Glacier FarmMedia COVID-19 & the Farm

Manitoba soybeans look good but could use rain

Manitoba soybean crops are in relatively good shape given the hot, dry conditions seen through most of the growing season. However, with temperatures still unseasonably high in the province, fields would benefit from some timely precipitation in the next week.
 
“Crops look pretty good so far, but it’s getting to the point where we’ll start worrying if we don’t get any rain,” said Mark Jorgensen, soybean merchandiser with Delmar Commodities.
 
After wet fields in the spring hampered some seeding operations, what was in the ground benefitted from the heat and sunlight throughout the growing season.
 
Roger Kissick, of Linear Grain in Carman, agreed that farmers were “pleasantly surprised” with their soybean crops so far. However, “this is a very critical week in Manitoba’s soybean production,” he added, noting that many fields have not seen significant rainfall in a long time.
 
The soil is getting dry in some areas, but is still too early to hamper yields, said Jorgensen.
 
Kissick said a lack of moisture at this stage wouldn’t necessarily lead to lost yields, but rather the crops might not end up as large as they could if they don’t receive any rainfall.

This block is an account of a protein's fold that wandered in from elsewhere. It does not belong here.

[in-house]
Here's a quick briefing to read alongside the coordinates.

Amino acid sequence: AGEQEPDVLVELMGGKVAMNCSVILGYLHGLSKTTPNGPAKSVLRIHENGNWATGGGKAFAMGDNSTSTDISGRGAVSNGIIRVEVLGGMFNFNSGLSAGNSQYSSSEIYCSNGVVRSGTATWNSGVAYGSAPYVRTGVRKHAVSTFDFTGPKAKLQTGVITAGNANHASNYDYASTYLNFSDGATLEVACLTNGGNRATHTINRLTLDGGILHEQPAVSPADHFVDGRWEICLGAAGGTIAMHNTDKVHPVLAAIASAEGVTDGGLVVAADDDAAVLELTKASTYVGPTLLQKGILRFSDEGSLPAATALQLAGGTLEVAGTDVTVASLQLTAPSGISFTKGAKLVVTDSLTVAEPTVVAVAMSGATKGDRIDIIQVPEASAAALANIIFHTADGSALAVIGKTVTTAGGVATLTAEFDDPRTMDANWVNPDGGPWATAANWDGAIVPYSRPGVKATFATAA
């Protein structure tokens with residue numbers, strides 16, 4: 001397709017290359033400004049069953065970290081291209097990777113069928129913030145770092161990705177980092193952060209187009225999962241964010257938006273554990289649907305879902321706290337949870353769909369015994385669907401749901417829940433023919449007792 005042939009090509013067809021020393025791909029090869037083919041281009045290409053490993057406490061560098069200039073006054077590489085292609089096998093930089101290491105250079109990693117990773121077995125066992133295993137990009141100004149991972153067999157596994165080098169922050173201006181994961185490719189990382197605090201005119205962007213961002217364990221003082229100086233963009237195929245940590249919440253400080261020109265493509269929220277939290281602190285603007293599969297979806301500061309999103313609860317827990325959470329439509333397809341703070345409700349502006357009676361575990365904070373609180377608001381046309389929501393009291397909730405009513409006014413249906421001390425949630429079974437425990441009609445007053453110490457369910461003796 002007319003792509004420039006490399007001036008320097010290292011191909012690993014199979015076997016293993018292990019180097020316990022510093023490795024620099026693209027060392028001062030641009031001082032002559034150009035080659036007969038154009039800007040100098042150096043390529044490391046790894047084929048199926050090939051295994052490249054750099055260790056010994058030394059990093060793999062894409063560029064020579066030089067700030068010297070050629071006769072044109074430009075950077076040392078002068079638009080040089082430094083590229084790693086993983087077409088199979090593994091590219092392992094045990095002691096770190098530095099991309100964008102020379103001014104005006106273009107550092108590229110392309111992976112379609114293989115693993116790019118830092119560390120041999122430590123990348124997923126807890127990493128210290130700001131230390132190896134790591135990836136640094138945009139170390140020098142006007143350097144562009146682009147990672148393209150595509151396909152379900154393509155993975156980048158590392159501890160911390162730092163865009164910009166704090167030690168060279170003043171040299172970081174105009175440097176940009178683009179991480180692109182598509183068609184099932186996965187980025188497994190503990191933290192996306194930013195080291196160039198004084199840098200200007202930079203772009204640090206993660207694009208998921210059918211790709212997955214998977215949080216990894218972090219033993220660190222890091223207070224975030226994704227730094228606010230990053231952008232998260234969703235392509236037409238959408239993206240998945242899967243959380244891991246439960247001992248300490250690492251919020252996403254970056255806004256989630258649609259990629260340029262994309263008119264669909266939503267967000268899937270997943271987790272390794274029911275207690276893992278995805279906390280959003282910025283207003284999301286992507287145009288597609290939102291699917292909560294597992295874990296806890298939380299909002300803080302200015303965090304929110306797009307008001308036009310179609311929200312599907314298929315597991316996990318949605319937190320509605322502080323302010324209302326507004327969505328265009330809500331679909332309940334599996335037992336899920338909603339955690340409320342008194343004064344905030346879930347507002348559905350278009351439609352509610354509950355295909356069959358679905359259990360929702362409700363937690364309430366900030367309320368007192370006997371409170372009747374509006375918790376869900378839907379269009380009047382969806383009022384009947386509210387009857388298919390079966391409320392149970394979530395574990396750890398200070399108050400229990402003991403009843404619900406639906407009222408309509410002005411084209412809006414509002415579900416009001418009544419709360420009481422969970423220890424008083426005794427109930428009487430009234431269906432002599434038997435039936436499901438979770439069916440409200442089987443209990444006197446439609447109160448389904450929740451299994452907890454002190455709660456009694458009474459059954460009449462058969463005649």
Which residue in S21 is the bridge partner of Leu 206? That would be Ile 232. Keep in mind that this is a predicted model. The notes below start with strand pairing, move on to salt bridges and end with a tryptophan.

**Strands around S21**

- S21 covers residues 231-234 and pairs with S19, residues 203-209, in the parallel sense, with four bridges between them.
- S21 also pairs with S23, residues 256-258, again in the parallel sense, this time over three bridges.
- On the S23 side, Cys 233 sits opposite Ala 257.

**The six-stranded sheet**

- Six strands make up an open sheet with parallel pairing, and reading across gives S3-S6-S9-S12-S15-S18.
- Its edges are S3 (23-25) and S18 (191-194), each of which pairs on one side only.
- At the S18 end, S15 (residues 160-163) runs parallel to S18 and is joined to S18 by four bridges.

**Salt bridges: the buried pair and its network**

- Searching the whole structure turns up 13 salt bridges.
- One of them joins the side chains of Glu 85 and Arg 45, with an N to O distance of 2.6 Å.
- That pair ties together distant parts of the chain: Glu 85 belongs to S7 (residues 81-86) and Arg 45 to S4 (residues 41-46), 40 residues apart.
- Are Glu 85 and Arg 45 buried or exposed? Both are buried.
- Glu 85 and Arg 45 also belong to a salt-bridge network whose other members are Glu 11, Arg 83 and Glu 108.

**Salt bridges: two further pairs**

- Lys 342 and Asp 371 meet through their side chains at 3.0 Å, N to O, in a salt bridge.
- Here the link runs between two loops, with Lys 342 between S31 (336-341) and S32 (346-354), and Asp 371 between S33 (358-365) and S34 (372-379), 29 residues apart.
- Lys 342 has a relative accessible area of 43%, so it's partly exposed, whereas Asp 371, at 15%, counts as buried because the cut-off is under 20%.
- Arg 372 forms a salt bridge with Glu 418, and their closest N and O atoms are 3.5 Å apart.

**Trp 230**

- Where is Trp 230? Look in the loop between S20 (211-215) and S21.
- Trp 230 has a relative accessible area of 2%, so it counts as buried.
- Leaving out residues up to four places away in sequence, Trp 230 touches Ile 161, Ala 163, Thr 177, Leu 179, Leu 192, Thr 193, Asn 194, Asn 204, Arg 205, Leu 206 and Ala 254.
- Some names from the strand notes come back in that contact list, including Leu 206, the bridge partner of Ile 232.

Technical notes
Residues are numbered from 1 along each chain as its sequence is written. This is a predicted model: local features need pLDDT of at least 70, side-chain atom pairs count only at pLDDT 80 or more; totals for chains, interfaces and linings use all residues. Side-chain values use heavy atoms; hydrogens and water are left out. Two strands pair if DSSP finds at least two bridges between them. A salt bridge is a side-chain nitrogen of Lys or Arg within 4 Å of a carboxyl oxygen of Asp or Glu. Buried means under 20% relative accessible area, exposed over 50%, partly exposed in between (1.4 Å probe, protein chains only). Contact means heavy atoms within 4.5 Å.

Manitoba farmers originally intended to increase soybean acres from the 520,000 seeded in 2010, but industry participants estimated that actual area was likely down on the year due to adverse conditions at seeding time. In its July 31 production estimates released Aug. 24, Statistics Canada estimated this year’s seeded area at 510,000 acres with a yield of 29.5 bushels per acre.
 
Soybean prices in Manitoba generally track the U.S. futures, accounting for the exchange rate and local transportation factors. New crop pricing in the C$12 per bushel range can currently be found in Manitoba, said Jorgensen.

“Demand is good and the pipeline is fairly tight,” said Jorgensen, adding that the crop is still some time away from getting in the bin. Earlier seeded soybean fields will start to see some harvest operations in September, with the bulk of the crop coming off in October.

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